I can't begin to imagine how my life would be now if it hadn't been for Ann and Errol's relentless encouragement, guidance and second-to-none musical education. Errol was an incredible composer and his beautiful melodies will never leave my mind.

~ Michele Jacot plays clarinet, flute and saxophone. A conductor and teacher, she is the artistic director of Toronto’s Wychwood Clarinet Choir [from Facebook].

As a conductor Errol was colourful, dramatic and passionate. His love of jazz and creative music would trickle into our warmups. I distinctly remember a game he would play where we would start on a major chord, and then he would voice lead with each part to create rich jazz harmonies. He didn’t treat us like children – he treated us like musicians. This changed my life; I realized at an early age that this was what I wanted to do.

When I work with groups of singers today, I do not aim for a perfect performance. It is more important that we feel something together as we sing. This feeling is not created by the conductor, but by the belief that everyone is truly involved in that moment, creating something. I learned this from Errol Gay, and a generation of musicians he taught did too.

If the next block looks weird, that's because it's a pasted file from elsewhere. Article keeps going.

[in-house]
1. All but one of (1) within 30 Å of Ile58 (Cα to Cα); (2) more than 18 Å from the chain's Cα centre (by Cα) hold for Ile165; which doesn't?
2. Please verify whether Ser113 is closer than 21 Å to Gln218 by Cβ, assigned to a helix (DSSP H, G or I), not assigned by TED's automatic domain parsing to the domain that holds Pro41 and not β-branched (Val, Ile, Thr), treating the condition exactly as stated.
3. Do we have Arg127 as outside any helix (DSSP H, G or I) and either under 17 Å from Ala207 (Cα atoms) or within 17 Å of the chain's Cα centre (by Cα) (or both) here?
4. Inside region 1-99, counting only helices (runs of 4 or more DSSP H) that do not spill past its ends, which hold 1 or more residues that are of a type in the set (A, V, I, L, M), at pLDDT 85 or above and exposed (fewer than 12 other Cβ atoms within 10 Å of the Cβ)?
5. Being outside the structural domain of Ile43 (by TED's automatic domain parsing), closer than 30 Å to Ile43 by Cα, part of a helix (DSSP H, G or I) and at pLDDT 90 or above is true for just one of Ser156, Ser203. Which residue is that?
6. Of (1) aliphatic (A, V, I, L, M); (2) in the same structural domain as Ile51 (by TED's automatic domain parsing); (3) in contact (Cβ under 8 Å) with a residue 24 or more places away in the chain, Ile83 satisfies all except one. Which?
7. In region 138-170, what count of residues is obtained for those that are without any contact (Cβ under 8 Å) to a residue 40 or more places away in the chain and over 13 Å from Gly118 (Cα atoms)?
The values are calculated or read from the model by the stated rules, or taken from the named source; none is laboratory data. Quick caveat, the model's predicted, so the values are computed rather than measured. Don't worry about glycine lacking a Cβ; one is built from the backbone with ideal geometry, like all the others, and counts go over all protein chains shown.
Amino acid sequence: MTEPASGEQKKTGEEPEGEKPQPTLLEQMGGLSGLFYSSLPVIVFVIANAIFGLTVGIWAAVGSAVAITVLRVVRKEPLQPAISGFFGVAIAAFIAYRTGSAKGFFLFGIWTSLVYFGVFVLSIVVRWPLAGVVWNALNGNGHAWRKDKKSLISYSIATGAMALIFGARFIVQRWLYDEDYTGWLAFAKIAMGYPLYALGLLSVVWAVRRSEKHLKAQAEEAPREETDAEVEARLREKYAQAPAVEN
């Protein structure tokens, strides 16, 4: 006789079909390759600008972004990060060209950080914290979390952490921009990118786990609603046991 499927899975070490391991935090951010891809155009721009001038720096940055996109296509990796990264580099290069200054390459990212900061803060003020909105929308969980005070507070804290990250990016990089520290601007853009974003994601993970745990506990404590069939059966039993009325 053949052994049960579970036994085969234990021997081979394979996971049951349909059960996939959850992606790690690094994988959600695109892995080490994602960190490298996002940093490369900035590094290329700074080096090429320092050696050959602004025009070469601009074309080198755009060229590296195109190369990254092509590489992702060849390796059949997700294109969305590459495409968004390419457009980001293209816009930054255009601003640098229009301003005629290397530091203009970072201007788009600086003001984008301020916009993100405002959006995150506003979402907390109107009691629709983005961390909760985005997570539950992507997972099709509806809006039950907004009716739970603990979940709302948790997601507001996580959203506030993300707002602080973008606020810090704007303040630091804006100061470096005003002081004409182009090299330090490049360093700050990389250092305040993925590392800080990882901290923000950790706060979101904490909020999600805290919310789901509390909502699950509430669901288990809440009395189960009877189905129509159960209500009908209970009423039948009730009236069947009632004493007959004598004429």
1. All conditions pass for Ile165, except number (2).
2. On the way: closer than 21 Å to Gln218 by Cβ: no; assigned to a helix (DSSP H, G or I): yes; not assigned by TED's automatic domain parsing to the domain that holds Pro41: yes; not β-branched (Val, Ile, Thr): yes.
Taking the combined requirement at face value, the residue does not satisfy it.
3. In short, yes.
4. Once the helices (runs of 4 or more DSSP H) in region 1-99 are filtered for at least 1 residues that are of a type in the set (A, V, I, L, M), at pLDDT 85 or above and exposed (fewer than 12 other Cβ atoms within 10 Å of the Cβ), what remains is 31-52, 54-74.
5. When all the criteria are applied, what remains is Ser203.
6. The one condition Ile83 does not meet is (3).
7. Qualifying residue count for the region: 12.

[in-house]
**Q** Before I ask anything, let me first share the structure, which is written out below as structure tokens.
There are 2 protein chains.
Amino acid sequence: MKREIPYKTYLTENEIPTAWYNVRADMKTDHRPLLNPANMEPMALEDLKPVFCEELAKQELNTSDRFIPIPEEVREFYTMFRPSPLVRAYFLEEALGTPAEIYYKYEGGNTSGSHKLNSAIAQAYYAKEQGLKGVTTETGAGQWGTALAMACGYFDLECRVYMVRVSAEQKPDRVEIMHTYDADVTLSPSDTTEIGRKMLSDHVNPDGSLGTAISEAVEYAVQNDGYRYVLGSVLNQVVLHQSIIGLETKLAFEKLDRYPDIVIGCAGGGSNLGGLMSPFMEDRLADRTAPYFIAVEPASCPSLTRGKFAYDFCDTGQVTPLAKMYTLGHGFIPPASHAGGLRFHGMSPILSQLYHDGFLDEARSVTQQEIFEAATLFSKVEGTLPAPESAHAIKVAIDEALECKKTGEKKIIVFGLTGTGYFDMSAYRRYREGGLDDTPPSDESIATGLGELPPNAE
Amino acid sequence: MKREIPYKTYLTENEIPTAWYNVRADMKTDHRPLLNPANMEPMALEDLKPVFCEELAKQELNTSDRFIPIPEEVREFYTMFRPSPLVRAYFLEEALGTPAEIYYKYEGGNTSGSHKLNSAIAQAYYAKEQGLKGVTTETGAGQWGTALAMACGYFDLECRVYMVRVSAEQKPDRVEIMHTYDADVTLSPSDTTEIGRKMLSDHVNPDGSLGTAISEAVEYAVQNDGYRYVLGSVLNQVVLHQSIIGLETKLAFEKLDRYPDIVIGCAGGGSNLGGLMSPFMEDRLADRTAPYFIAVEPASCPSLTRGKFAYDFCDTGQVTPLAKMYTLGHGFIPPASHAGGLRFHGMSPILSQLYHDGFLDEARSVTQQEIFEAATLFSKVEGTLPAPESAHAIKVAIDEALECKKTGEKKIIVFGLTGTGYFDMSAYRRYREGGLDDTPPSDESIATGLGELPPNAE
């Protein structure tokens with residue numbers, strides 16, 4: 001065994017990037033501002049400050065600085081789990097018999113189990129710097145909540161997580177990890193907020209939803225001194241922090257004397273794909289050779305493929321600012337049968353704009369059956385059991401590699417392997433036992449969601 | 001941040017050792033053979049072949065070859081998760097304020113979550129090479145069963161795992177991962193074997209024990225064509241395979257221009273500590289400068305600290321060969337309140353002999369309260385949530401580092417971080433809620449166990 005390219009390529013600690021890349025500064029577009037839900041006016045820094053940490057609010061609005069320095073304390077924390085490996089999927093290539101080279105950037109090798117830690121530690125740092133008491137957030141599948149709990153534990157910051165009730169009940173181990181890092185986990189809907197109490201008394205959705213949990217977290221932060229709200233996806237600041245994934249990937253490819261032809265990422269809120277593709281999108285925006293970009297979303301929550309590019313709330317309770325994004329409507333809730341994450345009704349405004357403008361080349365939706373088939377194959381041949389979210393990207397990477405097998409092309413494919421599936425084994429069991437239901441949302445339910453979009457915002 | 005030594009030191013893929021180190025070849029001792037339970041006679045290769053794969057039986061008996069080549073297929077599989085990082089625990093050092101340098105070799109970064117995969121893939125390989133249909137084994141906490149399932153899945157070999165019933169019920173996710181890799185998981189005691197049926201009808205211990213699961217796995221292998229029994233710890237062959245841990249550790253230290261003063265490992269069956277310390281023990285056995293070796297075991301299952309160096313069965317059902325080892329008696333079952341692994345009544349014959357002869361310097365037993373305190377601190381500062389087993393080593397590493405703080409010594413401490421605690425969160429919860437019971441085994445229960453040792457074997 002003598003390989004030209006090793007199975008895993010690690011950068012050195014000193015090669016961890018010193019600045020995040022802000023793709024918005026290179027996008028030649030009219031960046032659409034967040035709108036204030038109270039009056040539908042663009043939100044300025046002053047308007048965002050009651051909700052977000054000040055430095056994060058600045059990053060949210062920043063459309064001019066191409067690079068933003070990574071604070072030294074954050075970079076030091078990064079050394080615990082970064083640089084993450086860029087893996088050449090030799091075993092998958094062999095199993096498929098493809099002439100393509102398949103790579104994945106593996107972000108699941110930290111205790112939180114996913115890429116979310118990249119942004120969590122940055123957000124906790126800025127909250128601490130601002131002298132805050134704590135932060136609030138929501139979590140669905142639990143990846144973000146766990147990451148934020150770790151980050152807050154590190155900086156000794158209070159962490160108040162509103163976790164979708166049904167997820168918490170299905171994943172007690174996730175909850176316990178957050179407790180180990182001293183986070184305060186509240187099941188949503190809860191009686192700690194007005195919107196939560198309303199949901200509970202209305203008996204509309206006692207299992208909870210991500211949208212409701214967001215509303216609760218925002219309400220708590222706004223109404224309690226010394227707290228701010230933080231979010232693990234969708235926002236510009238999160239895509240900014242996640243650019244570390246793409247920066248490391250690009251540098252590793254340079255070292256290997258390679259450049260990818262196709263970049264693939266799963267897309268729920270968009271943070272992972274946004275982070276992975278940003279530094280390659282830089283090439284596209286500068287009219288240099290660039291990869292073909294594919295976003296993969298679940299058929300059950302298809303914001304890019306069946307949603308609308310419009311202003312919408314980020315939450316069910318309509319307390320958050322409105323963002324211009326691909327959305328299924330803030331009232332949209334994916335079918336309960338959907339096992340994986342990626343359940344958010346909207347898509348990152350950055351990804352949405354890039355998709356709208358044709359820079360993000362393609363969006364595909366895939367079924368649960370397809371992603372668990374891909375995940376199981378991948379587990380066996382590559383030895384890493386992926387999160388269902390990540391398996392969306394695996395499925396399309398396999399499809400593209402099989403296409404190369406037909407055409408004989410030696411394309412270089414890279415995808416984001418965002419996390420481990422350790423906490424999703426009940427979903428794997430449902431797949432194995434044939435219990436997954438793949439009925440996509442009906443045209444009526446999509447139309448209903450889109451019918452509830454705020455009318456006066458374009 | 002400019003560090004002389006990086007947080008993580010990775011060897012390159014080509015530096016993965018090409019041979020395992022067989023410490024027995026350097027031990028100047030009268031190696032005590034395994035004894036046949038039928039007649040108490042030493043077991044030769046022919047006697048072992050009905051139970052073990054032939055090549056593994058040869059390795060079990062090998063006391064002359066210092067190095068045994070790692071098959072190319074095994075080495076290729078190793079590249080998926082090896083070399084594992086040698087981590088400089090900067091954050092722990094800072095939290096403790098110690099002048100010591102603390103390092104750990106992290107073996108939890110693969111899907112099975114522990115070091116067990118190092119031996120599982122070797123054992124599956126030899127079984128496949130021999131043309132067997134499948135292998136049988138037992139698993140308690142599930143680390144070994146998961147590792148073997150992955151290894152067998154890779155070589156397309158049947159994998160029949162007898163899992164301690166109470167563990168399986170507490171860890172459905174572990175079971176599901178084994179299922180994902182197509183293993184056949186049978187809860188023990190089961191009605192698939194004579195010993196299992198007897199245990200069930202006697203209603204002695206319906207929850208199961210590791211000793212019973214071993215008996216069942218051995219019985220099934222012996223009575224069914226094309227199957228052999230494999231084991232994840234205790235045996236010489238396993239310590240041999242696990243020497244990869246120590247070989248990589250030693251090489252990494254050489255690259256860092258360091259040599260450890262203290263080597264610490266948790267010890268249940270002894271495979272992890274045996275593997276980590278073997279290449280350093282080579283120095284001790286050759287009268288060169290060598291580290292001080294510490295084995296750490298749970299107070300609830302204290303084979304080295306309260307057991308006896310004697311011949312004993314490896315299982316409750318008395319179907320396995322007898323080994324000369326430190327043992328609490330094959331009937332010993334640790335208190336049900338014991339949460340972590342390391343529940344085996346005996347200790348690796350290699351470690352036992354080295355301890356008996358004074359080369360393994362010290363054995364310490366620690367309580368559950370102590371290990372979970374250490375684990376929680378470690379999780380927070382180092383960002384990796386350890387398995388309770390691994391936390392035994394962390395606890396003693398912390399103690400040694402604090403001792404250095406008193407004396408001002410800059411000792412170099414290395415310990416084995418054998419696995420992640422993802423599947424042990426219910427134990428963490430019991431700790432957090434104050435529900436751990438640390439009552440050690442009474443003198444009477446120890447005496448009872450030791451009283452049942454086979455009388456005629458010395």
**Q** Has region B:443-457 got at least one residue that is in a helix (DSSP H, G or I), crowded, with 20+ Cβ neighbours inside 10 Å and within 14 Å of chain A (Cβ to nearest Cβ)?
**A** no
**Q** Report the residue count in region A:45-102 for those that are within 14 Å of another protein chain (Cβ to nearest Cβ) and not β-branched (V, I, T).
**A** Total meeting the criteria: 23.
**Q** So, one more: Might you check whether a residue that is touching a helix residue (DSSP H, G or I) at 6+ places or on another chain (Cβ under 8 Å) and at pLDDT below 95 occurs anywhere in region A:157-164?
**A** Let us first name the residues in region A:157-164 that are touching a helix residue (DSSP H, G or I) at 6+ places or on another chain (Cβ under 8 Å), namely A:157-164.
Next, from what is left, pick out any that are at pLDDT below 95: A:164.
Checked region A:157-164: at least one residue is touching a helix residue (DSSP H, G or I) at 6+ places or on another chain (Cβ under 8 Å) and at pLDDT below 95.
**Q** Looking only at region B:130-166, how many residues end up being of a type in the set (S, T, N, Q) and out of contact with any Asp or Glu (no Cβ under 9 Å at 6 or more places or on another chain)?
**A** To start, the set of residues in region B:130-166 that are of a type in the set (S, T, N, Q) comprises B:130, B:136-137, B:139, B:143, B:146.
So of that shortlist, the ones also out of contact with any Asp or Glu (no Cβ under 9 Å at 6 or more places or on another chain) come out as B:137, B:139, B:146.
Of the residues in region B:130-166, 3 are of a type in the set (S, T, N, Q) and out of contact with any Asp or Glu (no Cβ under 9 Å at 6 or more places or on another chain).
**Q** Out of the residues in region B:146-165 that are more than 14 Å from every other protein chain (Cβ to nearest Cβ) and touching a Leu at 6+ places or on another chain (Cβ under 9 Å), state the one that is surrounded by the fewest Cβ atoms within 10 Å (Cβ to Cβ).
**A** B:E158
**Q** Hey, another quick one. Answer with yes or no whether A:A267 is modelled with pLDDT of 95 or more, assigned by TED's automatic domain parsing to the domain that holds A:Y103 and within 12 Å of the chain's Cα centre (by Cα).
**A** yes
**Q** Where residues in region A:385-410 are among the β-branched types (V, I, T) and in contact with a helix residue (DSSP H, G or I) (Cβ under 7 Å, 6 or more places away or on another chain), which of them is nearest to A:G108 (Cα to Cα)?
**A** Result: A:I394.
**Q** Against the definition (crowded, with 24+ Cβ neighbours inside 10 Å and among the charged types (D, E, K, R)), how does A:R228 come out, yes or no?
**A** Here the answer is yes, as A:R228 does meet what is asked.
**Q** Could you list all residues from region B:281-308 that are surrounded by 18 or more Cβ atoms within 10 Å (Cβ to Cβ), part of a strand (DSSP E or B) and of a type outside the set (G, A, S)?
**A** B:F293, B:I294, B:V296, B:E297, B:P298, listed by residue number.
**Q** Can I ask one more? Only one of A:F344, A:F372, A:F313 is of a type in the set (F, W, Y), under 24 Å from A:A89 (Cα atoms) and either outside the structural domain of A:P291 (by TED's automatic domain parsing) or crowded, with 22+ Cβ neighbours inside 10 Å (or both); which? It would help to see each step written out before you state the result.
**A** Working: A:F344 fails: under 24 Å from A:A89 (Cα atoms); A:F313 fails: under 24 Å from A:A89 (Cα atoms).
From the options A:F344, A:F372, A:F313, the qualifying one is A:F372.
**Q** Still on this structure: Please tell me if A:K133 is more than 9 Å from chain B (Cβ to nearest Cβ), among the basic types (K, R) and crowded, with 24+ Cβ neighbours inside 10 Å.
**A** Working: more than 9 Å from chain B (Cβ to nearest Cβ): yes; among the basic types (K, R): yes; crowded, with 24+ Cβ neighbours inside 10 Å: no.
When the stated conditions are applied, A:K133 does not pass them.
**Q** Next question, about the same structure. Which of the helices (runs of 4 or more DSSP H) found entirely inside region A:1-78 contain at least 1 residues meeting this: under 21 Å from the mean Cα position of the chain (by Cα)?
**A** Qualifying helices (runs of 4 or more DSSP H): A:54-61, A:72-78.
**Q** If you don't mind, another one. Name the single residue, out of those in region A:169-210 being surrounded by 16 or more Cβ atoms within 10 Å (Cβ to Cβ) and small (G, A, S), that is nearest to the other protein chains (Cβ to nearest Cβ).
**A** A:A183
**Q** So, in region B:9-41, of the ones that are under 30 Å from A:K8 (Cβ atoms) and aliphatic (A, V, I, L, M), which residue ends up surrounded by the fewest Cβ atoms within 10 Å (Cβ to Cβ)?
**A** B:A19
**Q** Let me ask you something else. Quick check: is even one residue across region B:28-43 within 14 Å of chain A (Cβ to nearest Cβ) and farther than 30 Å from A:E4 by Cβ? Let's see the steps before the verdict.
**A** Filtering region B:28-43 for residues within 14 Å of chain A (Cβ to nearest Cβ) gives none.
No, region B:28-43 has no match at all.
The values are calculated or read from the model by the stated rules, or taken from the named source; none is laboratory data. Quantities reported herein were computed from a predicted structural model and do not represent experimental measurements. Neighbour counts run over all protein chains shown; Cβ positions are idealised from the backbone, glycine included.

~ Alex Samaras is a singer and educator in Toronto. At age ten he joined the High Park Boys’ Choir in its inaugural season and followed Ann and Errol to sing for the CCOC Youth Chorus through his high school years.

Errol Gay was a melting pot of knowledge and art, each element inextricable from the other. He was kind, caring and witty. He was the kind of person you could make nerdy jokes with and not only would he understand them, but he would answer with a pun. He displayed the same intellect in his music, writing beautiful pieces full of allusions that you would only notice if you had the same encyclopedic musical knowledge as he did – this was his way of winking at his listeners. You could trust him ‘not to write crap’ (inside joke).

I am so grateful to have known Errol from a very young age, and I could write a book about my memories and experiences with him. He very much helped form the person and musician I am today, and I will always cherish and pass on what I learned from him.

~ Kristina Bijelic is a singer and violinist who met Errol when she was a child in the High Park Choirs, and was later in the CCOC.

I'm both happy and very sad that Errol Gay died on Friday. I'm happy because his long battle with ALS is over. I'm sad because we have lost another local musical hero and a lovely person. … He always valued the music and the enjoyment of making it more than personal ambition or honours. He was as loving and supportive with his family as he was with colleagues, students, little choristers and friends. And he knew how to laugh.

Our loss is Heaven's gain.